Paper DeclineDecember 07, 2007
The Baptist Press had a couple of interesting pieces yesterday about the decline of Baptist state newspapers. The first article offered the following observations:
According to information published in the 2007 SBC Annual combined with data from the annual USPS periodical reporting form, state Baptist papers average issue distribution has dropped to 956,000. A decade ago (1997), the reported distribution was 1,230,243. In 1987, the papers reported 1,719,767.The second piece is a column by former Baptist state newspaper editor John Yeats. It is entitled "Baptist papers as golden retrievers." Here are a couple of his points:
... No paper appears to be exempt from the decline. Warren Buffett has described what is happening to secular newspapers as a "protracted decline."
... Bob Terry, editor of The Alabama Baptist and executive director of the Association of State Baptist Papers, does not see the decline in state papers as due totally to the dynamics of technology.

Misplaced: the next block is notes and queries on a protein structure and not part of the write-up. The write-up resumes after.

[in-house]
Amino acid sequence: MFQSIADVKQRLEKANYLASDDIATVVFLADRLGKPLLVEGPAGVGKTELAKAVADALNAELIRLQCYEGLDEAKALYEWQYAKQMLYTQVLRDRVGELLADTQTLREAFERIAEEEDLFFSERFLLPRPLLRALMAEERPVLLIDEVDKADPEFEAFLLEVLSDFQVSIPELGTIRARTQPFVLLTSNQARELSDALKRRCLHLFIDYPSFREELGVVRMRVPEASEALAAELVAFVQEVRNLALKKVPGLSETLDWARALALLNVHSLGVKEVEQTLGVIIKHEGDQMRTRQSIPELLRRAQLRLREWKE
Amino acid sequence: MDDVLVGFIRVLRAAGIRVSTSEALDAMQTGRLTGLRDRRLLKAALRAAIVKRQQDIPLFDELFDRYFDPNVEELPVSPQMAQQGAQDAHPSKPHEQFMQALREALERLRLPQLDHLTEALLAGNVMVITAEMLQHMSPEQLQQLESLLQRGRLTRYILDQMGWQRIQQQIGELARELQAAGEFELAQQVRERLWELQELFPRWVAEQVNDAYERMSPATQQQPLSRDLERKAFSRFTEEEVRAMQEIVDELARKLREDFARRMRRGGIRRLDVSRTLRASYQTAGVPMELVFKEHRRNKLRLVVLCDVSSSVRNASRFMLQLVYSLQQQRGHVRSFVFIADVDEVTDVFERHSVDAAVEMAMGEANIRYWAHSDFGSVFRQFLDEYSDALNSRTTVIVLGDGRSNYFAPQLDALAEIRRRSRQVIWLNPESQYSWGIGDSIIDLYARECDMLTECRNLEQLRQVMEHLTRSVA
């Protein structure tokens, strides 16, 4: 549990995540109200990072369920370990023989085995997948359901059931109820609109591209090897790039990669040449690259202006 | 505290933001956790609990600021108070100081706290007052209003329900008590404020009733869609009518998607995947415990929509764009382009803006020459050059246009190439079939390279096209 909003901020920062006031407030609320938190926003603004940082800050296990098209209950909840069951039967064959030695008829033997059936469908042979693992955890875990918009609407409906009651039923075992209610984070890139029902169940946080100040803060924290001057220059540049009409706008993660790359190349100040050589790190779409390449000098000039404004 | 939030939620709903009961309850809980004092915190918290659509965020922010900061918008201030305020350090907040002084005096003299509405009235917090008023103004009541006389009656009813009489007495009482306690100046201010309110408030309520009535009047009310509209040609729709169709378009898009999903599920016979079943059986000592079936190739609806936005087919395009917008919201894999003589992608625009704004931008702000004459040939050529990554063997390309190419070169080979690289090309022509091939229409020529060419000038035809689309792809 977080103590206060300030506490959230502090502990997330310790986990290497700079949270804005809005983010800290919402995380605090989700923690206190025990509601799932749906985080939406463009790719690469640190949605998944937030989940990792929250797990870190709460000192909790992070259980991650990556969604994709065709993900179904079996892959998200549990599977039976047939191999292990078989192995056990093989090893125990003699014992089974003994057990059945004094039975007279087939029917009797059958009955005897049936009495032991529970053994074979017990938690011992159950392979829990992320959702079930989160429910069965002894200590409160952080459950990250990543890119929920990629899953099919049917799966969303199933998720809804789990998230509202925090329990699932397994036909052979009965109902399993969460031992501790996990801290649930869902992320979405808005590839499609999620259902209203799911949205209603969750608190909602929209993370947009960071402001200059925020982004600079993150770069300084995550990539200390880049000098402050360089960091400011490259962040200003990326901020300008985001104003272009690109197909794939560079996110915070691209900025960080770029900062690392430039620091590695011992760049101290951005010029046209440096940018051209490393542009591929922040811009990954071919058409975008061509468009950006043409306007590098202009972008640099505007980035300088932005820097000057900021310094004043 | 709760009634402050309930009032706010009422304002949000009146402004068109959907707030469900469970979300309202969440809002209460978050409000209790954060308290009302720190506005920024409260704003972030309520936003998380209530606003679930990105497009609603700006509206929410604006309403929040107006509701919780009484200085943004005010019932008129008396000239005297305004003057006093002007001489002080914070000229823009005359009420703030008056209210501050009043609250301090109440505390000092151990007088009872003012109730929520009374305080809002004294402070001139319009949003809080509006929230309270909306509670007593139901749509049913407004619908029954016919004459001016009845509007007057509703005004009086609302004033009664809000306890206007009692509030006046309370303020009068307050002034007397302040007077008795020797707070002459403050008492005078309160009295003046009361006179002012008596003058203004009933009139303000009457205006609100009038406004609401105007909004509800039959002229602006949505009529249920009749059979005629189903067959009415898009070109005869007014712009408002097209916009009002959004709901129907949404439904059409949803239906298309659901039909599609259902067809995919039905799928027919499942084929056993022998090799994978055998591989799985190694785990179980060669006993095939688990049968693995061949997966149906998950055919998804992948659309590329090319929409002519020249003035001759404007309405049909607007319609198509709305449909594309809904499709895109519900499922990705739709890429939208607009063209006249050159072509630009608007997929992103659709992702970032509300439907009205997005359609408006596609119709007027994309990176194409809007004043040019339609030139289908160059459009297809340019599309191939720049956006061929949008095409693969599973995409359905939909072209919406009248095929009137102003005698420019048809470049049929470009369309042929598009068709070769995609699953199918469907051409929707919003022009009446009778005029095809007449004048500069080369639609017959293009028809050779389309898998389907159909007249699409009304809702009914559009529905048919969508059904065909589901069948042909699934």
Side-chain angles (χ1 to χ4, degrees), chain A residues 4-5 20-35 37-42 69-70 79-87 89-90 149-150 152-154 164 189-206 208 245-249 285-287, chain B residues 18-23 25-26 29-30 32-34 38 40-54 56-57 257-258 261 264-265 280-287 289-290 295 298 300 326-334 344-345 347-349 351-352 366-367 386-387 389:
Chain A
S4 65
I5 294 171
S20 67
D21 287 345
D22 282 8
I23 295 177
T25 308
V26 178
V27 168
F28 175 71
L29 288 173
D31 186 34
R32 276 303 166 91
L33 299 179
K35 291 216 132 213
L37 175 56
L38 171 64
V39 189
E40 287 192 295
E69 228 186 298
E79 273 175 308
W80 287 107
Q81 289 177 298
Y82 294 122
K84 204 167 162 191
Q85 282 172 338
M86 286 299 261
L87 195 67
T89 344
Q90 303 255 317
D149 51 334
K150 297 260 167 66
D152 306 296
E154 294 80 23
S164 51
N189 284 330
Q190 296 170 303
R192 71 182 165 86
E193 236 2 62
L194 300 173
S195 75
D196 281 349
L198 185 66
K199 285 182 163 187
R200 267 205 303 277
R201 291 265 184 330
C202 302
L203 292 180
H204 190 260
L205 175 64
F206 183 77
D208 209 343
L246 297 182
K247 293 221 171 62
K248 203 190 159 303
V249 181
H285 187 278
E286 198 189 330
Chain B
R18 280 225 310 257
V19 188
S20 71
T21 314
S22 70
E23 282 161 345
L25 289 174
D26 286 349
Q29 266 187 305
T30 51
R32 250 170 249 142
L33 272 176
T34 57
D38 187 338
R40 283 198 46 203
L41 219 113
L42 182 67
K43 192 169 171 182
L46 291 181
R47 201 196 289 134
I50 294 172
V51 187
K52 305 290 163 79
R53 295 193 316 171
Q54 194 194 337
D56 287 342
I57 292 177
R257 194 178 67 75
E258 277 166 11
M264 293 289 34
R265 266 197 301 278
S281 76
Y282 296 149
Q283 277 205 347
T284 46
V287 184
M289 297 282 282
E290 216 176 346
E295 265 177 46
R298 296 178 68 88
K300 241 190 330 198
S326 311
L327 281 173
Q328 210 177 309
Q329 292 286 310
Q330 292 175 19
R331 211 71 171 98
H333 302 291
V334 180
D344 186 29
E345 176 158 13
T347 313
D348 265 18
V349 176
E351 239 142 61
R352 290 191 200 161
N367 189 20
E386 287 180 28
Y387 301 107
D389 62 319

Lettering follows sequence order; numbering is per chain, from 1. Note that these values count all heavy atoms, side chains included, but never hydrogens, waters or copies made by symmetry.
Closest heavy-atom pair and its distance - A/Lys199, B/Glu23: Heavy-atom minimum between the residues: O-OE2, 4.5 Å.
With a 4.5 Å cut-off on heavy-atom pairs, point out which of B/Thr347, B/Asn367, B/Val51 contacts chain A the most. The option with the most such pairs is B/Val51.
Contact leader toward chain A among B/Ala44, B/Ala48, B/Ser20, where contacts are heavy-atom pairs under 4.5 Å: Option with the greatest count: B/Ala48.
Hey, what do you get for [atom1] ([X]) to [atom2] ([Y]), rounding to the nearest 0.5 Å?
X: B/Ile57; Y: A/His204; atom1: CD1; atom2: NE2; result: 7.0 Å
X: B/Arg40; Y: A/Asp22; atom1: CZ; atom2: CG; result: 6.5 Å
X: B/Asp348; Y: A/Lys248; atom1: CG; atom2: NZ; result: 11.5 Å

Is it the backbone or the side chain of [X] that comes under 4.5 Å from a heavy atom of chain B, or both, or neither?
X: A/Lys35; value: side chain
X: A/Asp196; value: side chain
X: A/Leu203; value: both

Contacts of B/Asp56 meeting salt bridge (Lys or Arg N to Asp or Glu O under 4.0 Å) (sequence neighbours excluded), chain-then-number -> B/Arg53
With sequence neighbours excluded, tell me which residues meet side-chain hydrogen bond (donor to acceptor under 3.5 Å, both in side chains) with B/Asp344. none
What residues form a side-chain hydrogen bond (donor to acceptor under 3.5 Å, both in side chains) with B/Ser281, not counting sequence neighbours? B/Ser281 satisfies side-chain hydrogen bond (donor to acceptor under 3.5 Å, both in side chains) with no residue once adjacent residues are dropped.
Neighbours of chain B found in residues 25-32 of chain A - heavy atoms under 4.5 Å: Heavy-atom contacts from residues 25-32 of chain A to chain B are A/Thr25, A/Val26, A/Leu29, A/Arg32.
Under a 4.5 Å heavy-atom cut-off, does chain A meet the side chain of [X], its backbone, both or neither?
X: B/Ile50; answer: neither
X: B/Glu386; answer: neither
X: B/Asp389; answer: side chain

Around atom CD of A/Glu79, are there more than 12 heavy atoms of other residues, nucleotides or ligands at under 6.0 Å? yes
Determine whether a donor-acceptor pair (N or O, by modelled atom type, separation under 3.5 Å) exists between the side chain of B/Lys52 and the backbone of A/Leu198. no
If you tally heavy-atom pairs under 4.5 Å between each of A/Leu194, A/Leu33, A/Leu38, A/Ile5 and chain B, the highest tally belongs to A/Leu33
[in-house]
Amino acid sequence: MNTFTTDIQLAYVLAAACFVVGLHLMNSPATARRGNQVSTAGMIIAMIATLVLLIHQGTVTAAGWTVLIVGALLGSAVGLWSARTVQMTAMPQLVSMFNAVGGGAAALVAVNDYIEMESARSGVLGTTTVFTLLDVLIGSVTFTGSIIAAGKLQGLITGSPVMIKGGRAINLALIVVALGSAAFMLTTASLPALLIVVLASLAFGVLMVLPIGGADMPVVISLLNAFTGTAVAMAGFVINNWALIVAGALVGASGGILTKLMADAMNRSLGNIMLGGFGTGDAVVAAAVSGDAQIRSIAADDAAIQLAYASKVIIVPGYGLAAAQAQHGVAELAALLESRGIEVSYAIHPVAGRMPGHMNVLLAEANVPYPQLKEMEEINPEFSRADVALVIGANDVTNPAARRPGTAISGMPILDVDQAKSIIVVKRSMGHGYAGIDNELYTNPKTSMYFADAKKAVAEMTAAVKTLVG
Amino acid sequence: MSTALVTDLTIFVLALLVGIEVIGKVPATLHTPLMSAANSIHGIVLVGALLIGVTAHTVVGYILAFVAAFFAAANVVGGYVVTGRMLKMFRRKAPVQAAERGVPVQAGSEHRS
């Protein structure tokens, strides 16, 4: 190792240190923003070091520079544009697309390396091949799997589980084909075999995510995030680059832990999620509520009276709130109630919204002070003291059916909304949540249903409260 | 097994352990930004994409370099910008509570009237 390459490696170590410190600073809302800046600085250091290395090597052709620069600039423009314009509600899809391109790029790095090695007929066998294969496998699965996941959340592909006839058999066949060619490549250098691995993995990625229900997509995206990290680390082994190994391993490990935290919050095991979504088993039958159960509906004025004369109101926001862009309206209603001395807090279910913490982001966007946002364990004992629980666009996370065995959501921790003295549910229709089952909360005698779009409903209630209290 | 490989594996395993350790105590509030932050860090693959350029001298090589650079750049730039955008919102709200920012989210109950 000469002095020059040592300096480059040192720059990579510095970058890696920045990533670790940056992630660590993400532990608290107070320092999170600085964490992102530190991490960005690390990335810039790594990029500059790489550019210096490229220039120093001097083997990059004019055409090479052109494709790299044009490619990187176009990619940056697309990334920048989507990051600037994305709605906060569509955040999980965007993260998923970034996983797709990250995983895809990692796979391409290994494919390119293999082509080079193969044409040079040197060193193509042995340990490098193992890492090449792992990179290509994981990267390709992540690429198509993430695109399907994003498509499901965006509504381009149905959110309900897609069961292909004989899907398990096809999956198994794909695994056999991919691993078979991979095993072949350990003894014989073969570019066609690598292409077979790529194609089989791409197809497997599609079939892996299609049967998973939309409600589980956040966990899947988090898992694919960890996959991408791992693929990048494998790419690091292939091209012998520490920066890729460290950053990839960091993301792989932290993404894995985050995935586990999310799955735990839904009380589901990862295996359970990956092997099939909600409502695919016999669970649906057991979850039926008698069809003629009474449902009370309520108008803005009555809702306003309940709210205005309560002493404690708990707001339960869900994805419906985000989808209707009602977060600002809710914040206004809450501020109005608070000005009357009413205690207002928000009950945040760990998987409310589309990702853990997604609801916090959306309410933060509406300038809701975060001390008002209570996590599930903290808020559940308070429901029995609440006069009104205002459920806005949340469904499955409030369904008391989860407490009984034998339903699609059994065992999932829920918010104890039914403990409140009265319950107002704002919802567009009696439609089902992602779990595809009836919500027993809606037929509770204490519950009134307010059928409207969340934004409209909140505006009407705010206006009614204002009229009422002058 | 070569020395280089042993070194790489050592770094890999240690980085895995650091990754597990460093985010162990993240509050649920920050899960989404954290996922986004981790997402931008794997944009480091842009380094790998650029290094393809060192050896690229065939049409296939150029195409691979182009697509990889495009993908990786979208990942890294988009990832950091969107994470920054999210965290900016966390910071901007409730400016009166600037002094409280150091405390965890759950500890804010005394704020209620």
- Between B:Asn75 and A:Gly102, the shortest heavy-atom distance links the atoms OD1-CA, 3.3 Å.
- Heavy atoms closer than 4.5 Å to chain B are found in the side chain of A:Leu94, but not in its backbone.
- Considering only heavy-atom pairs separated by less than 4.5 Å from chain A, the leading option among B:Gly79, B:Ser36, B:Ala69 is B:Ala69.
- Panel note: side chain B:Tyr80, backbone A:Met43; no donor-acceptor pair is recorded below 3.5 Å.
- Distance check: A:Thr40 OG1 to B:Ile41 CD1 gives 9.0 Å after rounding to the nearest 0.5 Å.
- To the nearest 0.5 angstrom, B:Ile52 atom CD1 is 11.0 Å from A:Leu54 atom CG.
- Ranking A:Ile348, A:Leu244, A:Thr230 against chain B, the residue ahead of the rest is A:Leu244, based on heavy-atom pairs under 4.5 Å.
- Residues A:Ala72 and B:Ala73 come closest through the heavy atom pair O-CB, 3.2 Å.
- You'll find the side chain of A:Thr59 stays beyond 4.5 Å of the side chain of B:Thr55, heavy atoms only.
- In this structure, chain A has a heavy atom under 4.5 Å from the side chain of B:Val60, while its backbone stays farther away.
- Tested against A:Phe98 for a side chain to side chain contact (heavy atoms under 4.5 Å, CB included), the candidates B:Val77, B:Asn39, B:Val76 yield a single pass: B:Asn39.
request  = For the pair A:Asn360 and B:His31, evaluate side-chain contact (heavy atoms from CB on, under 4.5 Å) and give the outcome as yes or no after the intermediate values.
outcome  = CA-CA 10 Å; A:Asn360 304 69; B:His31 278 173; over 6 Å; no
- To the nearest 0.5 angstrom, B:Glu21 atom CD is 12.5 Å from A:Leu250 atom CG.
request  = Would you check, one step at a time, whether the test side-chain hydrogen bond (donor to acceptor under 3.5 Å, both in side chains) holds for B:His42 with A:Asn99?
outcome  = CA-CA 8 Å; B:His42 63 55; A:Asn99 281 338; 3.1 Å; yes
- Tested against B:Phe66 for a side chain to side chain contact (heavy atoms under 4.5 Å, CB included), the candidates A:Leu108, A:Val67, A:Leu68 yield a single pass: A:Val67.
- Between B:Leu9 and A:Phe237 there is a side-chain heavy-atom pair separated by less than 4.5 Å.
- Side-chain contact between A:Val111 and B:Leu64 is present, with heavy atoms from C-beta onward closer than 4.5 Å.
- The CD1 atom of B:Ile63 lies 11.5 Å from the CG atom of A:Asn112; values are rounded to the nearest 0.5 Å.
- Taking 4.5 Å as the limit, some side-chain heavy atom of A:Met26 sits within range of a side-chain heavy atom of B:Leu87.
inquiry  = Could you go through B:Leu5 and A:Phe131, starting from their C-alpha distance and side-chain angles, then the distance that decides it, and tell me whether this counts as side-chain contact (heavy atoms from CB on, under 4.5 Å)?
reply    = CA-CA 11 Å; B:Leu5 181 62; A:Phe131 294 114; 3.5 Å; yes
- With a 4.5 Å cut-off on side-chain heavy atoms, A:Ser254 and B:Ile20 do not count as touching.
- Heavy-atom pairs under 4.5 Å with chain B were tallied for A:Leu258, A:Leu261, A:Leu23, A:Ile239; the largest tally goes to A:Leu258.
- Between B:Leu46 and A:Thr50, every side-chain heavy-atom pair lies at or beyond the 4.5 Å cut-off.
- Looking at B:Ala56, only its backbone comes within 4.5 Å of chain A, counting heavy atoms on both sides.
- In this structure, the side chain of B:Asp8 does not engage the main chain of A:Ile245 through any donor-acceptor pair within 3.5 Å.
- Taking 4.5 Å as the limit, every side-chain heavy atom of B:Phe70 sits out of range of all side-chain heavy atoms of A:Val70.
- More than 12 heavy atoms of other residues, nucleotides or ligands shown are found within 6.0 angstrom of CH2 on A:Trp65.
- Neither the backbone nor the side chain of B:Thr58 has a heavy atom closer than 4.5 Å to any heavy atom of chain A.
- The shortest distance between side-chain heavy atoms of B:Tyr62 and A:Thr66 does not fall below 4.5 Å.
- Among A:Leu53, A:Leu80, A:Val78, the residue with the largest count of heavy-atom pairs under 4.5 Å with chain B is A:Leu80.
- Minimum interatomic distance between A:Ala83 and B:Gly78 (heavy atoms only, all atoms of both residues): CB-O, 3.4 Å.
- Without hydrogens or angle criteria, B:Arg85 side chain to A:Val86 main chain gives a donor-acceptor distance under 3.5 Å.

... During the SBC's Conservative Resurgence, the state papers became a battleground, Terry said, and eventually people became "fed up" with what was happening and responded by cancelling their subscriptions. Anti-state paper attitudes developed among the new convention leadership.
During the 1980s many people viewed Baptist journalists like secular journalists looking for a Baptist Watergate. Some viewed their journalistic role as that of a convention watchdog snooping under every rock to find some story angle that tantalizes Baptist readers.Both pieces mention the Internet as likely part of the challenge for newspapers because younger people rely more on the Internet than newspapers and because the Internet is a much quicker news medium. The rise of online Baptist news sources and blogs reporting Baptist news are definitely creating a lot of competition, are allowing more people to have a voice, and are bringing stories to light that might otherwise have been ignored. Thus, perhaps part of the problem is not just the new medium but the fact that many Baptist newspaper journalists are acting like golden retrievers.
If Baptist journalists were ever the convention watchdogs, then the pit bull of the past has morphed into a golden retriever. Today's antagonism has moved to the blogsphere and the current venue of Baptist papers is more of a reflection of convention loyalty and statesmanship.